JT

About a month ago, Seth and I were put in touch with an older Cornellian who had started a major enterprise out of Ithaca NY. The company dealt with student ID cards, among other things, and had just purchased a smaller company that dealt with student discounts at a variety of well-known stores, hotels, etc. This gentleman suggested we speak to one of his colleagues at this recently acquired company to discuss a potential partnership for our fledgling business, OnCard Marketing. I reached out to this individual and had a couple conversations to explain what Seth and I were trying to build. He seemed very intrigued, considering we were focused more on the technology side than they were. We arranged to get together two weeks ago in-person when he was in NYC on business. Seth and I met with him and one of his associates over dinner and had a really invigorating conversation about the future of their business and how we might be able to add value through a partnership. Seth and I were excited when we parted ways that evening because they seemed to buy into what we were doing. They even suggested that they might be able to provide facilities in their own offices to incubate us until we got off the ground as part of the partnership. Well, all very exciting stuff…

We followed up on that meeting by putting together a PowerPoint presentation that outlined exactly what we envisioned in a partnership and what we would bring to the table. We were scheduled to go to their offices in Boston and present to them last Friday. We signed NDAs on Wednesday to protect both parties from divulging confidential information, and I emailed them the presentation a day ahead so they could print it and review it to make for a more meaningful meeting. Well, I received an email Thursday morning after I had sent them our presentation that they could not go ahead with the meeting unless we voided the NDA we signed the day before. They said it was because they were working on some semi-related things and did not want to put themselves in a legal bind. I didn’t know exactly what this meant, but took it to mean a big FU. We canceled the meeting so we didn’t run the risk of presenting to them without legal protection and had our lawyers draft a letter regarding the confidential materials we already sent them and asked them to destroy the materials. Seth was even more livid than I was about this whole ordeal. Regardless, that was our first attempt at securing a partnership…

Bottom Line: This was a blessing in disguise because this partnership did not make complete sense. It was the proverbial square peg in a round hole. We were trying to make it fit. It’s very easy to get overly excited about potential partnerships. Try to stay focused on your own business and come up with 5 good reasons why this partnership would help you attain your own business goals. We should have done this, because we only could come up with 2 in retrospect and would have avoided a huge headache. Our advice is to be careful with disclosing too much to potential partners without and NDA (non-disclosure agreement), although many people, including us, will tell you that it’s more a gesture of good faith than an enforceable legal document. The last piece of advice is that if something looks suspicious or doesn’t feel right, follow your gut instinct and walk away. This last piece of advice is the most important and will serve you in good stead as you make future business decisions.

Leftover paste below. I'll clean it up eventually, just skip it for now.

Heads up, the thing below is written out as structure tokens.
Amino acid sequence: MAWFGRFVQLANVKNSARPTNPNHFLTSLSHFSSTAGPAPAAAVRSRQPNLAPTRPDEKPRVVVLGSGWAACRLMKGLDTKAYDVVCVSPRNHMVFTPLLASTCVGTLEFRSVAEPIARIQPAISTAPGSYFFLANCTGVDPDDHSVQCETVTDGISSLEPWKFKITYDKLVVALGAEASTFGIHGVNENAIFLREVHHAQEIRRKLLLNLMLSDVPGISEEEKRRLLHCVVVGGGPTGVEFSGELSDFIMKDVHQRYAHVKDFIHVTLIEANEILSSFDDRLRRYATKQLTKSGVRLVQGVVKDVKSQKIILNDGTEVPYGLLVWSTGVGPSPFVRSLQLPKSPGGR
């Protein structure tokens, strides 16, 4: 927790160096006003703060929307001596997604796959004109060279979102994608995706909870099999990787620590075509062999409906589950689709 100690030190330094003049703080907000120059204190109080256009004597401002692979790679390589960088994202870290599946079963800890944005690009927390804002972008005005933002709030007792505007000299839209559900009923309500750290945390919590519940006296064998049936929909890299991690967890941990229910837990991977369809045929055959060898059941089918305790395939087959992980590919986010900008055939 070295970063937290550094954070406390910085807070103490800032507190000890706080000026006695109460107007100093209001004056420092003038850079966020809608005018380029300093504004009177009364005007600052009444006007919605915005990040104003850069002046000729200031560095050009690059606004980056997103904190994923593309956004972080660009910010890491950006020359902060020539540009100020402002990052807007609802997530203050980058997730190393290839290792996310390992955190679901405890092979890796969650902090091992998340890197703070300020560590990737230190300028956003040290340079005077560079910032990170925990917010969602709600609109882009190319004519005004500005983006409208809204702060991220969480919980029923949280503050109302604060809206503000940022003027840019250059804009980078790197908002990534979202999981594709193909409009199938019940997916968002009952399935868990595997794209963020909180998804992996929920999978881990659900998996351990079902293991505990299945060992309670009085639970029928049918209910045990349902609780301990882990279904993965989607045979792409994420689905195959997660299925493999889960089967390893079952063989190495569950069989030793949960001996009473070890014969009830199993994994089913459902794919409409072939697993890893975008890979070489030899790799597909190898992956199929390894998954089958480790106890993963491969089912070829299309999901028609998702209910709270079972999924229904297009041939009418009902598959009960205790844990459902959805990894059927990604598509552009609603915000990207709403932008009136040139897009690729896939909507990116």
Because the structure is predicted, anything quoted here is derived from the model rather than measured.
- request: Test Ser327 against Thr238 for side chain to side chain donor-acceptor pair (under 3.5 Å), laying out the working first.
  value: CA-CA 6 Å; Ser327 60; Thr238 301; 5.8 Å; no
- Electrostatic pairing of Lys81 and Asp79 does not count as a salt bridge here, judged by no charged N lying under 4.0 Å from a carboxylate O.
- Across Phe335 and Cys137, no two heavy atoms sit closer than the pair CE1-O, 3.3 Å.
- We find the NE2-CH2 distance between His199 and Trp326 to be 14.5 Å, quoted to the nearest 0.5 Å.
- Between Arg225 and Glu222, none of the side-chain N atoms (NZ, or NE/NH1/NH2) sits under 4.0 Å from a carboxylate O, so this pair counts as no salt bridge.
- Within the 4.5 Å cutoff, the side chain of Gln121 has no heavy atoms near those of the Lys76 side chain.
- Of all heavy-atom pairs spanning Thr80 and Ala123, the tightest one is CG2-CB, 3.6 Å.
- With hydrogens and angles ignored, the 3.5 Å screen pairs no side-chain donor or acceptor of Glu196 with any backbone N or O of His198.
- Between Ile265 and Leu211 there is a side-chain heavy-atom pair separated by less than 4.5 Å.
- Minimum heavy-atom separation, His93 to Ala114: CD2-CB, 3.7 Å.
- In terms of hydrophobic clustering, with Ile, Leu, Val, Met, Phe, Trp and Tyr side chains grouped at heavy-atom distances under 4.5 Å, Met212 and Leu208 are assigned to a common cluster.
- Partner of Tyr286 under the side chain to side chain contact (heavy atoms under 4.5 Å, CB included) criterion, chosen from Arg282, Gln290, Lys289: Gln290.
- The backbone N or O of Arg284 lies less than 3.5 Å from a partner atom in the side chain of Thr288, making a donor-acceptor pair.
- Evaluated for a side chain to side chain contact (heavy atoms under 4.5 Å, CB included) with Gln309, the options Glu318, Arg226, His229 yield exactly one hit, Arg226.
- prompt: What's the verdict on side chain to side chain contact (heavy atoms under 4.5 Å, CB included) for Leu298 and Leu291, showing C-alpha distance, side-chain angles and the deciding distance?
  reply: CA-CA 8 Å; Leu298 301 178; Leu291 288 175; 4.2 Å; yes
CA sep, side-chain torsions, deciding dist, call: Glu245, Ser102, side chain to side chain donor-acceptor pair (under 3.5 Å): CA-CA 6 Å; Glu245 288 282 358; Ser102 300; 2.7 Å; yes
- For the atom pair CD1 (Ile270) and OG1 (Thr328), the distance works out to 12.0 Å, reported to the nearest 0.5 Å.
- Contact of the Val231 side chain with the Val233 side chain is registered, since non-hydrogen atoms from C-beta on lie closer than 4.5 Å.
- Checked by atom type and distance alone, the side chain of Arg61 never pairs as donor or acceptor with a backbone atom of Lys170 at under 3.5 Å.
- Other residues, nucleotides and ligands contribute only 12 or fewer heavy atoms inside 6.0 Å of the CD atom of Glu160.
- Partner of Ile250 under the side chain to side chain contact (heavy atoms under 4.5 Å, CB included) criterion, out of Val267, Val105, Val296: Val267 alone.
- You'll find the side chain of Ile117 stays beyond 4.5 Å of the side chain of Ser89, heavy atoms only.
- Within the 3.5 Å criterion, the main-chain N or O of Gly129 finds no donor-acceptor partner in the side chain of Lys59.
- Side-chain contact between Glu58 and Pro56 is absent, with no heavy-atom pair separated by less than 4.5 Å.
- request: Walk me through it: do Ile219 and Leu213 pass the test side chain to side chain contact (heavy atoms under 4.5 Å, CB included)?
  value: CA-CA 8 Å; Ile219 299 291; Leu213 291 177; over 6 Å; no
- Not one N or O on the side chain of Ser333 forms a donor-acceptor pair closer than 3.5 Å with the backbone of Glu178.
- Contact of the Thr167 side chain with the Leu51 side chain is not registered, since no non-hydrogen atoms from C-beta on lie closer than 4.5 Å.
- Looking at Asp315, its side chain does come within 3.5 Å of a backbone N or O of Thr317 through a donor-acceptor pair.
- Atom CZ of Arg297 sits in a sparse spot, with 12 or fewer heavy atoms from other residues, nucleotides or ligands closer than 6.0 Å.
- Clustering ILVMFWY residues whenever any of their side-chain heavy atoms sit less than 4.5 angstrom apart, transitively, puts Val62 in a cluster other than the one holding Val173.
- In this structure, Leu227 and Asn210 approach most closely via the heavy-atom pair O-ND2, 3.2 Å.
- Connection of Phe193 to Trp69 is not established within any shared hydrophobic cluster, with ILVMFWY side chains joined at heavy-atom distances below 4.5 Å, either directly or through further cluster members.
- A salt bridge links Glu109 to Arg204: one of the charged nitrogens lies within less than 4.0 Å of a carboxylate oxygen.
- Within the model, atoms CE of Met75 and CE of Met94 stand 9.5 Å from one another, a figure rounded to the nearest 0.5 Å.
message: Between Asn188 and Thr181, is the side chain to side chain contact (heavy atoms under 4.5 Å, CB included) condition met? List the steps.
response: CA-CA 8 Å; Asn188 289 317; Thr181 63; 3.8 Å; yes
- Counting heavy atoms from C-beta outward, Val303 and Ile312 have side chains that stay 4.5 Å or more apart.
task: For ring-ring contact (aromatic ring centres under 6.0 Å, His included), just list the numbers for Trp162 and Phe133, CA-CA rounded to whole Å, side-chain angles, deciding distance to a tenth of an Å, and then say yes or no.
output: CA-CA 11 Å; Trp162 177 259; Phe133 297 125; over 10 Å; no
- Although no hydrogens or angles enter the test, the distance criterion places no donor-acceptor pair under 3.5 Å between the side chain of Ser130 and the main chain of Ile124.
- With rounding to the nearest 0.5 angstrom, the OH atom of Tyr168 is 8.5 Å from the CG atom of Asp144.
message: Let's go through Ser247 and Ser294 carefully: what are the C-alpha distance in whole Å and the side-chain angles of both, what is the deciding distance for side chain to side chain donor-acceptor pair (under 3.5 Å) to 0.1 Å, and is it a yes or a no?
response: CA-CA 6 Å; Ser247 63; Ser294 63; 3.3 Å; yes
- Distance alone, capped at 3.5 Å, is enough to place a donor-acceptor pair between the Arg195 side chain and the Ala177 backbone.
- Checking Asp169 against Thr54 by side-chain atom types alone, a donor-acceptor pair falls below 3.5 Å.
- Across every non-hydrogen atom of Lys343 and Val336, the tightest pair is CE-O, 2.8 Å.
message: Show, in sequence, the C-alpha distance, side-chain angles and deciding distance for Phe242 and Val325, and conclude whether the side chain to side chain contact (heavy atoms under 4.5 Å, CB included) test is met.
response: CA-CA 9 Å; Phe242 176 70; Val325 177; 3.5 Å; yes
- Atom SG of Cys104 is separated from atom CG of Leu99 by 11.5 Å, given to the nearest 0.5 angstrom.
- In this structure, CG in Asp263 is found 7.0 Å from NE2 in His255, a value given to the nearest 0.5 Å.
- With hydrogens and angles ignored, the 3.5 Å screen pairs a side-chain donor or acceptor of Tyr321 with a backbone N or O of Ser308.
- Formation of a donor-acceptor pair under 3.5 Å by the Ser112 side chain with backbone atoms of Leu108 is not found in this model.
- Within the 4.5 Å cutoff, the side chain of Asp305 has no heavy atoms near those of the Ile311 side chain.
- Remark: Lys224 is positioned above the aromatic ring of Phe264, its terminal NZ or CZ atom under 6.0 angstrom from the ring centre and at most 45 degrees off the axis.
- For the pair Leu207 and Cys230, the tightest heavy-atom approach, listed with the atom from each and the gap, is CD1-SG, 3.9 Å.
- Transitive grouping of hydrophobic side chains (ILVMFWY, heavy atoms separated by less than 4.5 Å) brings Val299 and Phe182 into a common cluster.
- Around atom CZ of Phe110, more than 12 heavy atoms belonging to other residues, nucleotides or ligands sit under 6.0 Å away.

JT

So Seth and I got to talking about the need for executive management for our new start-up. We recognized that we were a bunch of young guys without any real start-up experience. We thought that we might be best served if we brought on a more seasoned entrepreneur with lots of experience to help lead our company. Seth and I want to remain the “founders” of OnCard Marketing, but we thought it might make sense to bring on another partner. We have been speaking with a few of our advisers about this and the responses are mixed. Some think we should run the company ourselves and rely on our board of advisers for guidance. Others agree that we need senior leadership brought in to run our business. The problem is that we will probably need to give a ton of equity for this individual.

Well, based on this advice, Seth and I decided to pitch the idea to one of our advisers who lives down in Texas to see if he might be interested in taking the helm. I have been in touch with him frequently over the phone about business-related issues and invited him to New York next week to meet with us in-person. I’ll keep you posted on how it goes…

JT

My first week at work

July 9, 2006

So it was my first week at work… after a very short long-weekend for July 4th, considering my last day in the corporate world at Citigroup was June 30th. It was a very weird feeling since it was the first time in my life that I supposedly had a job but no physical office to report to. I truly can’t explain the feeling. Liberation? Freedom? Confusion? Anxiety? Probably all of the above and then some. You really only know what I’m talking about if you’ve tried to start a business in your apartment/house from scratch. It’s not easy, and you probably didn’t know where to begin. I began with reaching out to various technology vendors to price out options of outsourcing our tech development. Given we’re a technology firm, it seemed like the right place to start.

I have to believe that this will be a trying time for any new entrepreneur. Anybody in my position will probably not know exactly what he should be doing (it could manifest itself as a deer-in-the-headlights phenomenon where you’ve got so much to do and don’t know where to start)

Bottom Line: I keep telling myself to keep my eye on the long-term strategy and take baby steps towards that goal. I will try to view each activity I perform (each phone call, email, proposal) as a baby-step towards accomplishing our end vision.

JT